The governing partial differential equations have been discretized on a uniform grid using a control volume formulation [27]. Equations (20) and (21b) are solved to obtain the dimensionless temperature () and ice crystal diameter (D) distribution throughout the flow domain at steadystate conditions, respectively.
= + + + +
(22)
= + + + +
(22)
= () and
= ( )
(23a)
= () and
= ( )
(23a)
The discretized form of the energy equation is: where the coefficients are defined as follows:
= , 0 and = , 0
(23b)
= and
= + + +
(23c)
= () and = ()
(23d)
() () + 1
= [ + ] and
() () + 1
= [ + ]
(23e)
( ) = 0, (1 0.1 )5, and
= , , and
(23f)
The Peclet numbers and the diffusion coefficients, ,
, are defined respectively as follows:
= , = and =
(24)
The discretized form of the boundary condition at the outflow boundary can be written as follows:
= + + +
(26)
The above algebraic equations, allow the iterative solution for the two unknowns and D. The numerical computations have been performed on a uniform 50Ã—50 grid where a of
0.02 mm and =2 mm. The solution is converged when the changes in s and Ds at all grid points fall below convergence criteria of 106.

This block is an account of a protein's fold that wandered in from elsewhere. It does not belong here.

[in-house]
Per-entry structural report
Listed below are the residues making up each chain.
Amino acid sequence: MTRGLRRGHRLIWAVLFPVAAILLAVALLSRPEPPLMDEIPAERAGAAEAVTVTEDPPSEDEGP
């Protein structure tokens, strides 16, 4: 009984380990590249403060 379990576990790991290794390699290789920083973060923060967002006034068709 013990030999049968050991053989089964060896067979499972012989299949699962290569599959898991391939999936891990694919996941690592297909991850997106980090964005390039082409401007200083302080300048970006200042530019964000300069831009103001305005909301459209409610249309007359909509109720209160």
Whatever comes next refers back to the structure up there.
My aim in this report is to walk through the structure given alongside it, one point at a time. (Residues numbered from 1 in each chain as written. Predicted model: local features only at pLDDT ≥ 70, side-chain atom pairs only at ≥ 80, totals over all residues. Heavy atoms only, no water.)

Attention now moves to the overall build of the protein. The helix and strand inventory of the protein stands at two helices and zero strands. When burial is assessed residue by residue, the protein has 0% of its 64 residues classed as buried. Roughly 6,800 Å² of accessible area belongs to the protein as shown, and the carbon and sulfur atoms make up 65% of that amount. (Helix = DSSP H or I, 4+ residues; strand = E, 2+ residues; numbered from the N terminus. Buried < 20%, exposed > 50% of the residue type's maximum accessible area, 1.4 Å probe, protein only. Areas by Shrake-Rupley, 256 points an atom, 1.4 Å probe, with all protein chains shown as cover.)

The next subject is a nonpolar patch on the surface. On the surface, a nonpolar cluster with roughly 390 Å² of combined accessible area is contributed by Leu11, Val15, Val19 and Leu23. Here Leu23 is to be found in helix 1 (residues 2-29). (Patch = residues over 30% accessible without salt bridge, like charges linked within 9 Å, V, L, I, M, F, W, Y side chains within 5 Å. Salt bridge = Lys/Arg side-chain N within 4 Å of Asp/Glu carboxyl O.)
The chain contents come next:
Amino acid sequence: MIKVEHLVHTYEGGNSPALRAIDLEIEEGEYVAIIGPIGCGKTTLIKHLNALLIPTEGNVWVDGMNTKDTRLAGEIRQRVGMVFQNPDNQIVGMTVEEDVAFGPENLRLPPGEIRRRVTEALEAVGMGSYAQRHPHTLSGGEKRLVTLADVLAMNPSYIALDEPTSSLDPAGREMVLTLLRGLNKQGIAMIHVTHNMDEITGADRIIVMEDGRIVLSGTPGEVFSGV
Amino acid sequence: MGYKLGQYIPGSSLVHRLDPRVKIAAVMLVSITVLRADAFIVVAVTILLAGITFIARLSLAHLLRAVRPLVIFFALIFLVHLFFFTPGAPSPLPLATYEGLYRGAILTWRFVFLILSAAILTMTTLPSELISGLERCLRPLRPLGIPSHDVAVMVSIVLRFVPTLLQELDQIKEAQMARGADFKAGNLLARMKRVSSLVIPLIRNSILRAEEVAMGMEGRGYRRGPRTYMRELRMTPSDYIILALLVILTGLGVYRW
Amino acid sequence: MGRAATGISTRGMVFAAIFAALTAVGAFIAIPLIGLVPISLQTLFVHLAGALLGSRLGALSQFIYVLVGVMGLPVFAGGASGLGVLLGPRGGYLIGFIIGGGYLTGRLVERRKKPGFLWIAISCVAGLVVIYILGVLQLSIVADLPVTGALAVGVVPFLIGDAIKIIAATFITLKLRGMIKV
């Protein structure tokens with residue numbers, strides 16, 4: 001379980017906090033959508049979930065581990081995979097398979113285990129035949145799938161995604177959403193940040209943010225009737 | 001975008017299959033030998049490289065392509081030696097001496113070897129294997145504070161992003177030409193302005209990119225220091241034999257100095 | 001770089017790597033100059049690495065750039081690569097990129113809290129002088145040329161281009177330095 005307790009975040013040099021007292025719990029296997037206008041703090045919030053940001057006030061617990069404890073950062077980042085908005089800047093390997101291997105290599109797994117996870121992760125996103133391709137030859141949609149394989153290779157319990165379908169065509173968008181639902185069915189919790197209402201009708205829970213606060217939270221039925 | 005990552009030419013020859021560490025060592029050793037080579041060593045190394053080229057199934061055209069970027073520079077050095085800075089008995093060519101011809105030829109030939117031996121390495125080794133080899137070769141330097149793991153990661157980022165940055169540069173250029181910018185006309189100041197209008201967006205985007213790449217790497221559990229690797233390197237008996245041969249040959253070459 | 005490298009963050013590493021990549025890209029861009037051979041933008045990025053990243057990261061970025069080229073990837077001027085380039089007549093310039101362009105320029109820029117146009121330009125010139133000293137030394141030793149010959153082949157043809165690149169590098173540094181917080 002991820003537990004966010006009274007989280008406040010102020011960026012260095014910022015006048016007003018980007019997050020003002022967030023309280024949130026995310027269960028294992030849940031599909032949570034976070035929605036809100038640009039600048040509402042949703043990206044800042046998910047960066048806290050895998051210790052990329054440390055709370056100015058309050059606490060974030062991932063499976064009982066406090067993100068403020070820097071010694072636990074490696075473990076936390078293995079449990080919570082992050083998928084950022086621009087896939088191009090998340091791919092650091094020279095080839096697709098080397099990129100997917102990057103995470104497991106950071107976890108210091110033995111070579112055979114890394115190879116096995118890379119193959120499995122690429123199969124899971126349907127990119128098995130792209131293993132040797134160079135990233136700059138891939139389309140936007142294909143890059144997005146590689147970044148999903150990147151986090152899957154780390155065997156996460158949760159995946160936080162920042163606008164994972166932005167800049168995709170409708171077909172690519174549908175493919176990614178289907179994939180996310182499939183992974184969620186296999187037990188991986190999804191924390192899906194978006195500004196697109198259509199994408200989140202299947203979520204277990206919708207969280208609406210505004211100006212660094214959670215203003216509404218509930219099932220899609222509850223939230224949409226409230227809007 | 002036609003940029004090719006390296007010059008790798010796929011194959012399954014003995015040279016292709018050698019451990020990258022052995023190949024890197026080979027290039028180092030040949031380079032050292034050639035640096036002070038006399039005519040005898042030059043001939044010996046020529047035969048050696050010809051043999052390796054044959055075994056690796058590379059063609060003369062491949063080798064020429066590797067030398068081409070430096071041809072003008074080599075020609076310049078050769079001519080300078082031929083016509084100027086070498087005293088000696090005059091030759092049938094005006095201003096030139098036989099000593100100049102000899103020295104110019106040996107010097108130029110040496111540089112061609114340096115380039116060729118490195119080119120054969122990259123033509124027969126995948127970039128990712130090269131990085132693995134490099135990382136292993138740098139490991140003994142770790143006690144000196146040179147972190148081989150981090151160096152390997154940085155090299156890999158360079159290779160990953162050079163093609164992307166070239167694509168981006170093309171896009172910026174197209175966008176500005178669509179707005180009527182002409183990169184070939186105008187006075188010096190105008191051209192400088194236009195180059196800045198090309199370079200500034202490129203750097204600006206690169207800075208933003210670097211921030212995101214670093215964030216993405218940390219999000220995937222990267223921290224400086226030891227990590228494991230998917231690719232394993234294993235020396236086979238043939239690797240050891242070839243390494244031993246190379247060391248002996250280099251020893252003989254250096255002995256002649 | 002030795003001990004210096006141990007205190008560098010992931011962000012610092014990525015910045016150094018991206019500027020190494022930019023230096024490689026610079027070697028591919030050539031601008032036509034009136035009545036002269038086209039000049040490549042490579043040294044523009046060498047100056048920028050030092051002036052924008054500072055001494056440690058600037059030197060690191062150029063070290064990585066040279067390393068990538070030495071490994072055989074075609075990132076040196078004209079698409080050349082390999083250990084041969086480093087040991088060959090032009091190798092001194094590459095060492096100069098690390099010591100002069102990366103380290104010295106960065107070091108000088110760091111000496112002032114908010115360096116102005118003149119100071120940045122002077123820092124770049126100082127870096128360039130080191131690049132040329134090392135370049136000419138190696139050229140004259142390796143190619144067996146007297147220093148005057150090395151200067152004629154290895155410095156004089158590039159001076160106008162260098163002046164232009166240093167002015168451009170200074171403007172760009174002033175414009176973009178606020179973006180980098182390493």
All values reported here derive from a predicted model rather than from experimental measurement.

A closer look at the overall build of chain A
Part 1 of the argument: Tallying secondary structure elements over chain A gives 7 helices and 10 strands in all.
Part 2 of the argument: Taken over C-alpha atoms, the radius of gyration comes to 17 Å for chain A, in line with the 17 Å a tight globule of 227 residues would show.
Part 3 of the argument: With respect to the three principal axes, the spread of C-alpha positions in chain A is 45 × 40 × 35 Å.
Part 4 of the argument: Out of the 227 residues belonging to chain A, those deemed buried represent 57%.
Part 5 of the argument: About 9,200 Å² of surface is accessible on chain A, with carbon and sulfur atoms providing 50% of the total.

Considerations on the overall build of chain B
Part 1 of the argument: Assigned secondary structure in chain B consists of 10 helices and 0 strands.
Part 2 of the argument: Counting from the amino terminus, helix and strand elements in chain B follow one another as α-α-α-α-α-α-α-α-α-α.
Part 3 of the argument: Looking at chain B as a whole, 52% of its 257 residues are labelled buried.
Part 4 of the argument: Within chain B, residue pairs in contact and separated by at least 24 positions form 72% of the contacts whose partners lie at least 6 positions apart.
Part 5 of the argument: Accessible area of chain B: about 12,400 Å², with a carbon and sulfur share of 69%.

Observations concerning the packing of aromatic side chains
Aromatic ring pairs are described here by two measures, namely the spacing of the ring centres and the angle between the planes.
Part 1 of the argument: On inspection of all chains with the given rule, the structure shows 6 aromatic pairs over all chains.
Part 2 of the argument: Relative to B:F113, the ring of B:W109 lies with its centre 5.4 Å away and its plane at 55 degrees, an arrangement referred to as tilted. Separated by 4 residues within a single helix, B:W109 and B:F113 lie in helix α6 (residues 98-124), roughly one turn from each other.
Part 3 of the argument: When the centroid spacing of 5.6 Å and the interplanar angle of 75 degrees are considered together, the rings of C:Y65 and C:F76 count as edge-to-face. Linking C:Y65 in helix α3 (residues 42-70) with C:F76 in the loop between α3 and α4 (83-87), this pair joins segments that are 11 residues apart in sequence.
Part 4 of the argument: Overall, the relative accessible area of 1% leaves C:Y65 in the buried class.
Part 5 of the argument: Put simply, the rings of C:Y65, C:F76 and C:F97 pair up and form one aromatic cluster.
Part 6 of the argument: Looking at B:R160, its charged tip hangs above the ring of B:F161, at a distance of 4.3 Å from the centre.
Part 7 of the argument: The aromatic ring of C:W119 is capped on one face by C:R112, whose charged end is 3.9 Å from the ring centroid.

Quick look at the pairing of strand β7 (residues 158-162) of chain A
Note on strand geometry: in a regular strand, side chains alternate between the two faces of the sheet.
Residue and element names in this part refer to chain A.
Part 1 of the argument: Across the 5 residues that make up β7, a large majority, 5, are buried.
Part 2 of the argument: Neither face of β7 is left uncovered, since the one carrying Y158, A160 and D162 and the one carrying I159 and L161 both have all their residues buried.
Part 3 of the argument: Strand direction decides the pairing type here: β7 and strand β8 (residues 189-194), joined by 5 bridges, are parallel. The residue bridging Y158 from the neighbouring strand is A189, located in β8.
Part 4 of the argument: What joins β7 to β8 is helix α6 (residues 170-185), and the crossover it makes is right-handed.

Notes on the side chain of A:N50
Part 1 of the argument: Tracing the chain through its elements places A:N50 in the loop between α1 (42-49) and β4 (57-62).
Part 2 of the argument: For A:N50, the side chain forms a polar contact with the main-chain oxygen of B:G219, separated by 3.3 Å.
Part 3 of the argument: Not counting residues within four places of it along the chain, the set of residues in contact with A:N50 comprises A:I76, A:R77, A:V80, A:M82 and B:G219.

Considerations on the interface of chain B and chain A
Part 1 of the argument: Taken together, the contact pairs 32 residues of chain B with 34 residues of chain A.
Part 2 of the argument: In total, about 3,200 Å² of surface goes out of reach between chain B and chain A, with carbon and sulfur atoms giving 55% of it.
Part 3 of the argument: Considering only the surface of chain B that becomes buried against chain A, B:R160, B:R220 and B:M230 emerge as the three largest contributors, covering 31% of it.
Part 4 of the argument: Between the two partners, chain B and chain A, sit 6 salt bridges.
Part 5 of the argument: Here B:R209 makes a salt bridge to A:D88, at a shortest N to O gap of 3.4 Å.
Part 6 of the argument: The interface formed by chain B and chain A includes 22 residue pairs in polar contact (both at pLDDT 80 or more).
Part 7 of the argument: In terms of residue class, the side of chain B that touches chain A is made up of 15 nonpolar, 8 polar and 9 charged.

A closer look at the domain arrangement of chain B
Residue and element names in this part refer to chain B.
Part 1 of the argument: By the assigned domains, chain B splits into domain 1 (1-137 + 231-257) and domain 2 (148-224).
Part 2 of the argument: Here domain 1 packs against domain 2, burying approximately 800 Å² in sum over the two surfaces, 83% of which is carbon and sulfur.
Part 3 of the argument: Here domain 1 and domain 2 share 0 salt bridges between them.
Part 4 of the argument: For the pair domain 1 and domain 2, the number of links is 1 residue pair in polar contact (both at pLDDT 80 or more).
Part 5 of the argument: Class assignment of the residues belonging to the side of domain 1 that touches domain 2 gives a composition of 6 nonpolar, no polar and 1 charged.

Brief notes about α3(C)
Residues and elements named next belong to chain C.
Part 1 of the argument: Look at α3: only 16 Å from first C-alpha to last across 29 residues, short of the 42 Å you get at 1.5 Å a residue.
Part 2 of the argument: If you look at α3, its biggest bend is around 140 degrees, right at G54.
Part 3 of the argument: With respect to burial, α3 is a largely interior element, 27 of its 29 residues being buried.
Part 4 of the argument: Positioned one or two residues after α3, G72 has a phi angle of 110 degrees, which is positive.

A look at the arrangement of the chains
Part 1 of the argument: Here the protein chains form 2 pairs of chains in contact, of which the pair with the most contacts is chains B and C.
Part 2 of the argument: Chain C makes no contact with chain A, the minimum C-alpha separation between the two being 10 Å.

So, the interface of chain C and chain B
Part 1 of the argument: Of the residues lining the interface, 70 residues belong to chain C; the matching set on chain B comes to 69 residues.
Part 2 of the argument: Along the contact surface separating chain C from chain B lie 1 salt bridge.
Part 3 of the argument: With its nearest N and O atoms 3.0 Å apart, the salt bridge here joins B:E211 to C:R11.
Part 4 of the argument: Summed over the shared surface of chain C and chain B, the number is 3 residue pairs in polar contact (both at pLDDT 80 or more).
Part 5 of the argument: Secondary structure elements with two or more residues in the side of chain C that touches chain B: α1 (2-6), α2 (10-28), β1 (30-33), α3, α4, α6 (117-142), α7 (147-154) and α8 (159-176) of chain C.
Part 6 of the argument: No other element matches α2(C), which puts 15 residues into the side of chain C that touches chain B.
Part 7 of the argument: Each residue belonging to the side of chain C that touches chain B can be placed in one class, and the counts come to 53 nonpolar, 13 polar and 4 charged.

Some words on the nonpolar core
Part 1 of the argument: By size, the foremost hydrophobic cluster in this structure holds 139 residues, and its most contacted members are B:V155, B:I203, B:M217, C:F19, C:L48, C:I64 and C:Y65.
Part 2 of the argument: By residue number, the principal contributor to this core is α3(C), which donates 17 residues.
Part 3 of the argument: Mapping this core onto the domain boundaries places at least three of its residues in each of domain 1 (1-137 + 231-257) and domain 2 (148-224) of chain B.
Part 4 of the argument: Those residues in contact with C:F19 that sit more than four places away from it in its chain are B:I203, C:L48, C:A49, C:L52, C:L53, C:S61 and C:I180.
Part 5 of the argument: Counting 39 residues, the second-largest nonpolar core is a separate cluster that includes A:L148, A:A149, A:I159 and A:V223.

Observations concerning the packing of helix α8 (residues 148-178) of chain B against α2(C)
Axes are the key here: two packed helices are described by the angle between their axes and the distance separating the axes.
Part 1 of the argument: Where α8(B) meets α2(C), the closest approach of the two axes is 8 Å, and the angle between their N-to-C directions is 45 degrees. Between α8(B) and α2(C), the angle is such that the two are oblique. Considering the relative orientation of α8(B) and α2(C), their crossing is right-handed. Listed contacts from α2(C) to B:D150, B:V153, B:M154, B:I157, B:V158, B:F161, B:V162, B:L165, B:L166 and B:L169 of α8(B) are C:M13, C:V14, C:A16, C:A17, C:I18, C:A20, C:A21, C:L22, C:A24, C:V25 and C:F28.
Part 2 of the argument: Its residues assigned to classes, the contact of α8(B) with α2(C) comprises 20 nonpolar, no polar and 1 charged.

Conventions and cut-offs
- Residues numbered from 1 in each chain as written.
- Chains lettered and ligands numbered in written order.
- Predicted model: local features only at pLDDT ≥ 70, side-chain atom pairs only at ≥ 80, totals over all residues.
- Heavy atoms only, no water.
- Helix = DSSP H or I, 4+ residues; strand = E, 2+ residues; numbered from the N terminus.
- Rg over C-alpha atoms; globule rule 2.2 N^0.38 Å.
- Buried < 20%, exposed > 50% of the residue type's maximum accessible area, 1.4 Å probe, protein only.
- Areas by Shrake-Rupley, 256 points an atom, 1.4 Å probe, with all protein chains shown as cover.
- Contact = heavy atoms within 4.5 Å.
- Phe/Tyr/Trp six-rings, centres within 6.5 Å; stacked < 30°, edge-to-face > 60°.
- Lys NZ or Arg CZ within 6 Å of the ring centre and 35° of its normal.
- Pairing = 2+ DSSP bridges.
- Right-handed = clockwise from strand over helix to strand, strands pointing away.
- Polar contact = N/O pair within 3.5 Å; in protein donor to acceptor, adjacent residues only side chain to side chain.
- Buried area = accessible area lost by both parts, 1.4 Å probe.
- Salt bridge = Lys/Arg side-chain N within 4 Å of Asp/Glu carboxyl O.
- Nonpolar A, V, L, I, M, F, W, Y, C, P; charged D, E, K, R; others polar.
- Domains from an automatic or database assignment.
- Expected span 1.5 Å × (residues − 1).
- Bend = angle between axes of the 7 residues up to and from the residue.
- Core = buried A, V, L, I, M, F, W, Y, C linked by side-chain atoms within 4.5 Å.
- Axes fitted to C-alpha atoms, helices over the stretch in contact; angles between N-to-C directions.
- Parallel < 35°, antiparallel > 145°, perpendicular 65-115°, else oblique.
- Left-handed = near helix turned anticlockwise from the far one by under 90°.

The inlet flow at the top of the plate is assumed to contain a specified uniform number of ice crystals per unit volume of flow. The film thickness t in the ydirection is modeled as 0.5 mm, 0.75 mm and 1.0 mm and the plate length as 1.0 m. The concentration of the ice crystals at the inlet condition, has been set at 4 Ã— 107, which corresponds to the inlet ice crystal
diameter (din = 0.025 mm) to initialize the calculations. The density of the ice crystals is assumed to be 921 kg/m3 [28]. The average physical properties of NaClH2O solution (salt mass concentration = 2.5%) are assigned constant values as
= 4 kJ/kgK, = 1.4 Ã— 103 kg/ms, = 1024 kg/m3 and kf = 0.6506 W/mK.

RESULTS AND DISCUSSION
The results of the numerical solution are presented in terms of the dimensionless particle diameter D, temperature profiles, local Nusselt number at the wall, particle Nusselt number, and local supercooling. The flow for different isothermal plate temperatures (Stefan number) and film thicknesses are taken into account. The isotherms and the ice crystal size distribution in the film for the case of = 267 K, = 271 K, Stefan number = 0.05, film thickness of 0.5 mm and = 0.025 mm are shown in Fig. 2.